tions of seed from Russia. These strains show indications of being super-
ior to the locally grown varieties in producing growth later in the aut-
umn. Six of the selections are under test.

Three hundred and twenty strains of sorghum were grown in a
nursery in 1940 for studying the disease resistance of each. None of the
320 strains was found to be entirely resistant to the leaf diseases. A
similar planting has been made in the spring of 1941.

Pigeon Pea (Cajanus)
Three strains of pigeon peas which yield well, mature before frost
and are relatively free from root-knot are being increased for seed.
Further selections were made with a view to obtaining a strain
having the qualities of these three strains, but which has a white instead
of a red seed. These selections are being grown during the season of
The narrow-leaf lupine (Lupinus angustifolius) is being grown for a
winter cover crop in the Southeast. The crop is sometimes badly damaged
by diseases. In the autumn of 1940 a field was planted to approximately
1,000 plant rows of the narrow-leaf lupine. The seed in each row had
been selected from healthy plants in a field containing a high percent
of diseased plants in 1940.
The results in 1940-1941 indicate that it will be possible to isolate by
selection strains which will be resistant to disease.

*Cooperation USDA.


Fig 1.-Cattle grazing Indigofera hirsuta, Experiment Station farm. Left, full
season's growth; right, third grazing for the season.
Indigofera Hirsuta
Indigofera hirsuta, a new crop which promises to make a useful forage
(Fig. 1) and cover crop legume, is under study. The use of the crop is
limited by lateness of maturity. An abundance of seed is set but only a
small percentage ripens before frost. An attempt is being made to
obtain a strain which will ripen seed two or three weeks earlier and thus
complete maturity before frost. Several hundred strains are being ob-
served under plot and field conditions. A few early seeding strains have
been isolated which may be of value in Florida.

Bankhead-Jones Project 299 W. A. Leukel and W. E. Stokes
Separate areas of range grasses have been burned over at monthly
intervals and seeded to carpet grass shortly after burning. Native grasses
are greatly retarded in producing growth after burning as the period
of protection from fire increases. After a four-year period of no-burn-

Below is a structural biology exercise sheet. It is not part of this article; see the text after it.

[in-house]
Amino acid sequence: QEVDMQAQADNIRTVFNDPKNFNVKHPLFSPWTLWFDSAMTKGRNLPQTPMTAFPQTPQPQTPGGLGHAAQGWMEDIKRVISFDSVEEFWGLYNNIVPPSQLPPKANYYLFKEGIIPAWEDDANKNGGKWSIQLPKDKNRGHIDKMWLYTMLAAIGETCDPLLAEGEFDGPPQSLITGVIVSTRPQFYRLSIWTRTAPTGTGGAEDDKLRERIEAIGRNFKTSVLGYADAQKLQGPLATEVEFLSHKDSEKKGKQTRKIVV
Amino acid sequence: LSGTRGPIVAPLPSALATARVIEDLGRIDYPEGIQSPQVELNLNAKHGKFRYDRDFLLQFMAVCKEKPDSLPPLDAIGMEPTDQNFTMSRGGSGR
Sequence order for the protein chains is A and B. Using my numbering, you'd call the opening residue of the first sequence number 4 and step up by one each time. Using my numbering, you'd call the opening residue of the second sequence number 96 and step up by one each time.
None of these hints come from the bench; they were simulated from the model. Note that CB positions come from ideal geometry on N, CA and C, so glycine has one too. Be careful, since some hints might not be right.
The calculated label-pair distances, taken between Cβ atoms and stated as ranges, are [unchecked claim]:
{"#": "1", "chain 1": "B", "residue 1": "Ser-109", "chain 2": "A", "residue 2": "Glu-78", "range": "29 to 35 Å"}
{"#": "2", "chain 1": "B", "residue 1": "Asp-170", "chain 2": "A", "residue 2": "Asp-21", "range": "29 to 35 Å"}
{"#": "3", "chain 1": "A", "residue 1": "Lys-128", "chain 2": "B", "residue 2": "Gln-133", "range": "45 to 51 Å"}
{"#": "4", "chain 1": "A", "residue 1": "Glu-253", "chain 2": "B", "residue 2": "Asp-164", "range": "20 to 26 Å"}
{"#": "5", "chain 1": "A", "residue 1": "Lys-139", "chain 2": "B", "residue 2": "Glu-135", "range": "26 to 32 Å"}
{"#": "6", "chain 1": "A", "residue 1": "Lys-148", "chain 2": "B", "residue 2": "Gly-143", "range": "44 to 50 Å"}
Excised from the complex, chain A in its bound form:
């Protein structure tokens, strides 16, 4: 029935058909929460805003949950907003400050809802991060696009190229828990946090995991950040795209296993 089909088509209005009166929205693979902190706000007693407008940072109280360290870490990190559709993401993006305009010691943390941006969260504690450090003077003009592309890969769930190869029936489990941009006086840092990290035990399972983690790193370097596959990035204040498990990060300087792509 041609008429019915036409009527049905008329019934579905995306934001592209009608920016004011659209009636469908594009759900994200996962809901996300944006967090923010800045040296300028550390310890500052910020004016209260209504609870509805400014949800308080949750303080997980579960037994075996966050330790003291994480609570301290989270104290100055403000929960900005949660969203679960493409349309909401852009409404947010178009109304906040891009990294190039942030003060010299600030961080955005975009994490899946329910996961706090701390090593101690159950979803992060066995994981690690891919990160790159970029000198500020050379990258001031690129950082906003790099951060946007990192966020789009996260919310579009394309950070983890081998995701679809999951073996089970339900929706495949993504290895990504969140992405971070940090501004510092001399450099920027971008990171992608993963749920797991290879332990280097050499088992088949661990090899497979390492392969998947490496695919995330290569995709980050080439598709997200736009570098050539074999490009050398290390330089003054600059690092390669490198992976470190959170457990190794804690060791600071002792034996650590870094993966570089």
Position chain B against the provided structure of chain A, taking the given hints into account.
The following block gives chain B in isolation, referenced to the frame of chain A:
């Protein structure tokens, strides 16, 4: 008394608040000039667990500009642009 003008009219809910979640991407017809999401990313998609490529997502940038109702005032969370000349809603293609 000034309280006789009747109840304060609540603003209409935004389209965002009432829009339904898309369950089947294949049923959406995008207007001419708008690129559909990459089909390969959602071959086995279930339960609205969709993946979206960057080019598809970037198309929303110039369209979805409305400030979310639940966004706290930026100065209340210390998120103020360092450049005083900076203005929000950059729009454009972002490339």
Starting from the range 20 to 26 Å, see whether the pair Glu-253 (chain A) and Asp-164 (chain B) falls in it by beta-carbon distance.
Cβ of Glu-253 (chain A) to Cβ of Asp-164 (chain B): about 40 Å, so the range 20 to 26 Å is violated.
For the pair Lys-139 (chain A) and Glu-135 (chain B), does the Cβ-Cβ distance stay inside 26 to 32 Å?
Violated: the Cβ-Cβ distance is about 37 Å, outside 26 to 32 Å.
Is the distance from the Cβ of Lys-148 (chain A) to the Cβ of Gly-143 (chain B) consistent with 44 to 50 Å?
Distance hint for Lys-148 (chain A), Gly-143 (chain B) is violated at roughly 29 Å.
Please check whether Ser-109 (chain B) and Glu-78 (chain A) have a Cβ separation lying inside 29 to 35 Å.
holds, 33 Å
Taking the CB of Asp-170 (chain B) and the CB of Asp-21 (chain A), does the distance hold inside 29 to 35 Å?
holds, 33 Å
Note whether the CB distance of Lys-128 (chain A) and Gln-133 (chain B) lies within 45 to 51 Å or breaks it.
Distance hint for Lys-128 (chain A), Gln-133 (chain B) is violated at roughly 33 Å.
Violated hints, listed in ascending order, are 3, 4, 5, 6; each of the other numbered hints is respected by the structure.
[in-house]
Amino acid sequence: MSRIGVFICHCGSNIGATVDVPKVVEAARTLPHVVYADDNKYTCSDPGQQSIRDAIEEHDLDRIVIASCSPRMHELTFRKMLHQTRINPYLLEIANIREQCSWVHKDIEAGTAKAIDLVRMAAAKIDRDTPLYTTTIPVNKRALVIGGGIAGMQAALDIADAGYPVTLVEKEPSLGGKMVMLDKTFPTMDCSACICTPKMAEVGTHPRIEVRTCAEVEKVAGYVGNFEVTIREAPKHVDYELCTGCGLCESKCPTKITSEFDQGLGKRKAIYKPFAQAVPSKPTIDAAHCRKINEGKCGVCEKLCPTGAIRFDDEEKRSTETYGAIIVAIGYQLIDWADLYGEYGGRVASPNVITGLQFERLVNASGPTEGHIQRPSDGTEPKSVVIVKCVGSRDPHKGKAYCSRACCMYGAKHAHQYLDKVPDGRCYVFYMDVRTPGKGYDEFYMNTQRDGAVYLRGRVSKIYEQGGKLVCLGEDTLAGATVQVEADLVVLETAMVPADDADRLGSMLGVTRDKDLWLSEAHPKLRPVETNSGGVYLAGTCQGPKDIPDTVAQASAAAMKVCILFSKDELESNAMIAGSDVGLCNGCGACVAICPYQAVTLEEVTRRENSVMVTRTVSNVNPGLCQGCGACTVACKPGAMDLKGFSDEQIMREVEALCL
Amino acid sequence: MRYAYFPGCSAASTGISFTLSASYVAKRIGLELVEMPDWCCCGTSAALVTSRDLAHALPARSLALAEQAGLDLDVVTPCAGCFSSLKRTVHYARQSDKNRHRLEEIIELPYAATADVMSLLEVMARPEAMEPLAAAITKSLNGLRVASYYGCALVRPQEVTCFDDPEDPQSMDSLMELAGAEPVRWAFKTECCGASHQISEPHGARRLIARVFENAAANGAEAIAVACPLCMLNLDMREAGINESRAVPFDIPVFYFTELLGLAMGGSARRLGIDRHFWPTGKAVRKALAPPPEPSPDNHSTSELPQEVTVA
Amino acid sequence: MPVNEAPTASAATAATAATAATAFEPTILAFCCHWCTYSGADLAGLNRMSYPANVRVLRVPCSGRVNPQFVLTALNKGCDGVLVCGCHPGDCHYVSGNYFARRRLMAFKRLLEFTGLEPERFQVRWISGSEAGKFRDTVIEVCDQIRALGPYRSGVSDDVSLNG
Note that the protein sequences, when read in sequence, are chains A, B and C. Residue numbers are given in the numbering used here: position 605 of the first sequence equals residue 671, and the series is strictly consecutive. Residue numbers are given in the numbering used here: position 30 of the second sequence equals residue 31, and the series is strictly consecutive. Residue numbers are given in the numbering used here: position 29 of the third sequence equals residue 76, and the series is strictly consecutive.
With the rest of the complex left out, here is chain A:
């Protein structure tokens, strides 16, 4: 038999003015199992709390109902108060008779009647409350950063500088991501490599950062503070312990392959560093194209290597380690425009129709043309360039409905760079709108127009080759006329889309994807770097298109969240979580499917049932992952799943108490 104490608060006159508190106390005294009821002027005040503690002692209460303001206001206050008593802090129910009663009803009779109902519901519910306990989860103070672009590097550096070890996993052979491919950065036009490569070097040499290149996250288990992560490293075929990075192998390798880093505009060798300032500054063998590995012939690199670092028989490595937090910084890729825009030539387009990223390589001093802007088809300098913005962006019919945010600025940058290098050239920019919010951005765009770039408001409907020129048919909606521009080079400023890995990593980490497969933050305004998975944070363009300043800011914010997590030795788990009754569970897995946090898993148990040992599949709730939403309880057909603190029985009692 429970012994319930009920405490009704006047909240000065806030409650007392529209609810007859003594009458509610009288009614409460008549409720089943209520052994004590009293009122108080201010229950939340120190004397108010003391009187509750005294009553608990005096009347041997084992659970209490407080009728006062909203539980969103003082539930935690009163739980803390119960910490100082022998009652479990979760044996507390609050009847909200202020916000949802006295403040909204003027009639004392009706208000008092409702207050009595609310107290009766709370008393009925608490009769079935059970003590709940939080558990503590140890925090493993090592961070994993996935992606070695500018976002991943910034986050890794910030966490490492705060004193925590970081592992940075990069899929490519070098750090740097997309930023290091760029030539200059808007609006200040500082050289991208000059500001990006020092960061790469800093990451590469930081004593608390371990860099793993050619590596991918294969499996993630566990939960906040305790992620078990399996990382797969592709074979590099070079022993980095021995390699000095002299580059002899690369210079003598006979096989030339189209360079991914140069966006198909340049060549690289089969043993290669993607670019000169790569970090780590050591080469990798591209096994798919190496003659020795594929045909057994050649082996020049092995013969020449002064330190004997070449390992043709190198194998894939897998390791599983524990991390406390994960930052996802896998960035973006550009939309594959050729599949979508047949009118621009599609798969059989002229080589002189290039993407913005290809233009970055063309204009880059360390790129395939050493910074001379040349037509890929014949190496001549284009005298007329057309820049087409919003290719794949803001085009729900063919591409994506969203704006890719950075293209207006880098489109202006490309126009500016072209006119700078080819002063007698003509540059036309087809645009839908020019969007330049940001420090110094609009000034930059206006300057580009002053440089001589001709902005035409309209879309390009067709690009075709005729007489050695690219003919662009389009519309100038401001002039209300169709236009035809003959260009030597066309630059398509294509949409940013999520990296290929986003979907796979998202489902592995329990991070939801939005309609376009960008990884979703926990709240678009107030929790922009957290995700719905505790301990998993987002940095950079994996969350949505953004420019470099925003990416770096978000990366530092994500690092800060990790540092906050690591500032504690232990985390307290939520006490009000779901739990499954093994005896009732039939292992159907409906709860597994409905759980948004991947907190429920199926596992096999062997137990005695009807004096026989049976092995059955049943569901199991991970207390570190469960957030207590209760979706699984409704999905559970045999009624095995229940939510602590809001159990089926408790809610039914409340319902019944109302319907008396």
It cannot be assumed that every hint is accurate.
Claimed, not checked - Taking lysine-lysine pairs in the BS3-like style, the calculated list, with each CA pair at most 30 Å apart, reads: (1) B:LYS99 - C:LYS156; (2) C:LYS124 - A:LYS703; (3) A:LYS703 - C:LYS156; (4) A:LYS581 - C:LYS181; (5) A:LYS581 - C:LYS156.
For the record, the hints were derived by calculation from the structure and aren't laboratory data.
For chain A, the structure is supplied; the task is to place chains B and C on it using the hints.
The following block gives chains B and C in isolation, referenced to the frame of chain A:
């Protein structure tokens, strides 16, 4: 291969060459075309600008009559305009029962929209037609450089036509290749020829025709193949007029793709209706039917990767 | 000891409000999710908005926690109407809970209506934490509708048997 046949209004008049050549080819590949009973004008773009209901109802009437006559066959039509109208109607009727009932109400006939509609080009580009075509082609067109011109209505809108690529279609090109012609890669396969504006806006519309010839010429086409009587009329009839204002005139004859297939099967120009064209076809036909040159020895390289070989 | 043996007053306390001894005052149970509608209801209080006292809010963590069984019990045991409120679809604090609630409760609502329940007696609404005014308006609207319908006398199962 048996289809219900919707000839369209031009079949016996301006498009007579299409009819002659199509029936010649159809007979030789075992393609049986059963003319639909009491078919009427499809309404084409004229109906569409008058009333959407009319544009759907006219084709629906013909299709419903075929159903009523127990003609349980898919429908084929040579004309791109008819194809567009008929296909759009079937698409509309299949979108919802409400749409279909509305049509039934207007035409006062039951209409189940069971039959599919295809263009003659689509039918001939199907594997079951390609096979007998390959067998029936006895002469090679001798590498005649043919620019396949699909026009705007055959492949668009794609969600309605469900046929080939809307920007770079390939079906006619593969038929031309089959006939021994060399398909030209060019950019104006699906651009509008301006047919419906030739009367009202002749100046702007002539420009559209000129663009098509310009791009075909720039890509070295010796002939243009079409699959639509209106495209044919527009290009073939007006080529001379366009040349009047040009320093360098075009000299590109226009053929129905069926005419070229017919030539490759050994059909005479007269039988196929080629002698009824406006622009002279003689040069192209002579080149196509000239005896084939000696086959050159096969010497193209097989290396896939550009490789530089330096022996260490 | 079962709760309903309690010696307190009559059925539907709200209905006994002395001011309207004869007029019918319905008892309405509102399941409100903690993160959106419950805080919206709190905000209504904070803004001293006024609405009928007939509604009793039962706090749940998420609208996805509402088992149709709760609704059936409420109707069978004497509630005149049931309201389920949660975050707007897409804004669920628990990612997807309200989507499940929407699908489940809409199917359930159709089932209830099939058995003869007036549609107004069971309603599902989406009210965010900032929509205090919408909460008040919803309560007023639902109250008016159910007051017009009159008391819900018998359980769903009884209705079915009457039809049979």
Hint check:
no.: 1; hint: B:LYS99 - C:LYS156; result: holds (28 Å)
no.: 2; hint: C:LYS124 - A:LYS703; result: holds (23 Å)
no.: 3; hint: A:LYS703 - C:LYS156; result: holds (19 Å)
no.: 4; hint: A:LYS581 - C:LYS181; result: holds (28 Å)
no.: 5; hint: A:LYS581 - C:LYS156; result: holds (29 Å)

ing native grasses burned over in January failed to produce any after-
growth until June. Then only a very sparse growth appeared. Native
grasses burned over during May and thereafter to December again had
their aftergrowth retarded for over a year. Carpet grass seeded on
these burned-over areas again produced the best growth on areas burned
over during the rainy season-May, June and July. To further deter-
mine to what extent burning is instrumental in killing the native after-
growth on areas burned over during the latter half of the year, cutting
experiments were started on several areas during the rainy season. Re-
sults of these cuttings on aftergrowth can be compared with results on
aftergrowth as affected by burning to determine further the cause for
the retarded growth of the native grasses after the latter treatment.
More information on the fundamental cause for the retarded growth

Florida Agricultural Experiment Station

after burning in the latter part of the year will help greatly in the
establishment of improved grasses.
Chemical laboratory studies of these native grasses show results sim-
ilar to those previously reported. Unburned areas show a rather low
constant percentage of nitrogen and mineral elements throughout the
entire season. New growth in the plants appears to be retarded through
obstruction by old top growth since no reversion to vegetative growth
appears to take place as it does after cutting or burning.
Seeding trials with carpet grass on the burned-over areas without
soil covering have given good results during the rainy season on most
flatwood areas. Some areas seeded during other periods of the year
have produced stands of carpet, but only when rainfall and moisture
conditions were favorable. Wherever cattle grazed these new carpet
stands, good sod formation took place.

Bankhead-Jones Project 301 W. E. Stokes, G. E. Ritchey and R. E. Blaser
I. Clover Experiments
Experiments started in 1937 were continued through the past season
for making perpetuation studies of clover. The perpetuation of clover
has been found to depend largely on the maintenance of proper fertility
and management practices. Results to date have been published in
Bulletins 325 and 351.

I. Sources of Phosphate and Lime with Combinations of Other
Fertilizer Materials as Related to Clover Growth
The nutritive values of four sources of phosphate (superphosphate,
basic slag, colloidal phosphate, and rock phosphate) and two sources of
lime dolomiticc and calcic limestone) on different soil types are being
studied. Details of experiments with rates, sources and combinations of
phosphate and lime with other fertilizer materials were published in the
1939 report. The fertilizer treatments have been enlarged and several
additional experiments set up.
Initial experiments with rock and colloidal phosphates indicated that
these materials would supply all the calcium and phosphorus needed for
clovers when applied at rates of 3,000 pounds per acre. Modifications
of the initial experiments show that best growth results when some lime
is supplied with the rock of colloidal phosphates. The amount of lime
required depends on the soil type, soil reaction and variety of clover.
When rock or colloidal phosphates are used the lime requirement for
good clover growth varies from 500 to 2,000 pounds per acre. High rates
of rock and colloidal phosphates (6,000 pounds per acre) have not pro-
duced as good clover growth as 3,000 pounds of rock or colloidal phos-